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We Encourage finds new futures for females

We Encourage aims to harness the power of technology to improve the future of oppressed girls and women living in poverty.

We Encourage

Finland’s We Encourage is set to change the course of things for many disadvantaged girls and women around the world – and it will help you help, too.

Forced marriage. Genital mutilation. Honour killings. Lack of education due to poverty or cultural norms.

There are many forms of oppression and abuse girls and women continue to face in the modern world, and not one of them is deserved.

This is a thought that really stuck with Anna Juusela, the co-founder and CEO of We Encourage. She had seen a documentary about an Afghan girl, Sonita Alizadeh, wanting to become a musician. Instead, the girl was to be sold to become a wife to a stranger so that her brother could afford to buy a wife for himself. With the help of the film-maker, she made her way out and is now rapping about women’s rights.

The platform will be launched in March 2020. Image: We Encourage

“That really inspired me,” Juusela recalls. “I was hugely upset after seeing the film. It profoundly changed my way of thinking.”

At the time, she was working in retail, teaching companies visual merchandising and studying how trends take off. She was interested in the possibilities of technology, and through her work she had been introduced to artificial intelligence and blockchain.

In the back of her head, she thought she’d keep on working until when she’s 50 and then dedicate her time to promoting girls’ rights across the world.

“I thought that what I was doing at the time was just too different, and I didn’t have the courage to try and do something else,” she tells.

Support and empowerment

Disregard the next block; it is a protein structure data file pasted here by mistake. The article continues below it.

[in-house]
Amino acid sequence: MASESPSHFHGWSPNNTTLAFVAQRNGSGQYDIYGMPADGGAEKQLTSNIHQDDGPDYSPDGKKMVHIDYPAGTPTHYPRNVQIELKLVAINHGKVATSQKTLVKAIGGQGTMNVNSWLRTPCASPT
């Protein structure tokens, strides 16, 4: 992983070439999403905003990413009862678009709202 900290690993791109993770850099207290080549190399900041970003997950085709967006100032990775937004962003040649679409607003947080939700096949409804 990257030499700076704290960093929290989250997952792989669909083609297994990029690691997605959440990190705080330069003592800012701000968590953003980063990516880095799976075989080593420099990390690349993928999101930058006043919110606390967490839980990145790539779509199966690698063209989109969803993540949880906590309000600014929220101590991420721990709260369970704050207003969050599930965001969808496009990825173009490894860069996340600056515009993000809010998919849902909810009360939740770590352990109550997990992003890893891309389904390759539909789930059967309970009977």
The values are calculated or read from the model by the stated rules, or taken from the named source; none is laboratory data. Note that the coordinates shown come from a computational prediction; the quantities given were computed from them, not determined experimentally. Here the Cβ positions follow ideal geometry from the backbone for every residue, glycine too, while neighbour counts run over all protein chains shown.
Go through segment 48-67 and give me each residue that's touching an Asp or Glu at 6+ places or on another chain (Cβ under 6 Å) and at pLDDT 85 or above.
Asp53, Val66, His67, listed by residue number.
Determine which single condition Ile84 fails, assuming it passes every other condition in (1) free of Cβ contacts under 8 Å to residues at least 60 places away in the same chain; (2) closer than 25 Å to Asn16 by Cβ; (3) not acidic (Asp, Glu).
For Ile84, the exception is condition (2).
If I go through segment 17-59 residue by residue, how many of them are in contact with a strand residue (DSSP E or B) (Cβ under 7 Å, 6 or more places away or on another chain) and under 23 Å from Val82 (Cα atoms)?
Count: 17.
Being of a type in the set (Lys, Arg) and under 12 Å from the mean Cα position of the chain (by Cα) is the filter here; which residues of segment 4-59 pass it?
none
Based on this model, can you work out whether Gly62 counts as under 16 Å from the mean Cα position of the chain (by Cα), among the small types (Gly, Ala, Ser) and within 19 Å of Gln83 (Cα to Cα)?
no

However, Juusela didn’t have to wait until she turned 50. In the autumn of 2018, she mentioned her idea – helping girls avoid forced marriages by supporting their families financially through blockchain – at an event. People weren’t put off; they told Juusela to follow through with the idea and present it at a blockchain event later that year. She did, and things really started to accelerate.

“You could say that was when the big wheel started turning,” she describes. “I got more and more enthusiastic and started to do a lot of research about forced marriages, the history of women’s rights, women and religion…”

Now, at 37, she heads a startup that aims to harness the power of technology to improve the future of oppressed girls and women living in poverty. In practice, We Encourage offers a platform for charities, NGOs and small-scale fundraisers to collect funds in a resource-efficient manner. The platform will be launched in March 2020, and eventually the plan is to enable blockchain-based money transfers, which are faster and more affordable than those of traditional banks.

On top of this, the company is building an AI tool to empower girls and women who’ve experienced violence or are under threat of being forced to marry. The tool will also provide professionals, such as teachers and social workers, with information about how to meet these girls and guide them to safety.

Things that simply shouldn’t happen

Anna Juusela wasn’t ready to wait until she’s 50 to start helping. Image: Renja Nurm

We Encourage uses two imaginary girls, Arezo and Alaia, as examples of the impact of their work. Their stories are made up, but they owe to real-life stories about girls in both developed and developing countries.

To Juusela, it was a surprise to find out how bad things can happen in countries that take pride in their justice system and equality. Even in Finland, some girls are at risk of being sent abroad to marry.

“Things like that simply shouldn’t happen, especially in a country with a system like that of Finland,” she notes.

The first international project We Encourage aims to launch is one preventing child marriages in Nepal. There are ongoing negotiations with NGOs in India, the US, the UK and Somalia, and the aim is to make We Encourage global.

So far, the 10-strong team, three members of which are co-founders, has been working on a very tiny budget. Eventually, it’ll fund itself by taking a slice of the money that runs through it, whilst also keeping costs low with the use of digital tools.

One thing that’s really important to Juusela is to keep people who donate to charities in the loop about how their money is spent and what kind of impact it has on the communities. Thus, We Encourage makes it mandatory for organisations to report their use of funds.

“It’s also a way to gain visibility for their work,” she explains. “It’s been researched that many people choose not to donate because they don’t really know what the money goes into. This is something we want to change.”

We Encourage uses mobile tools to inform girls and women about their rights. Image: We Encourage
By: Anne Salomäki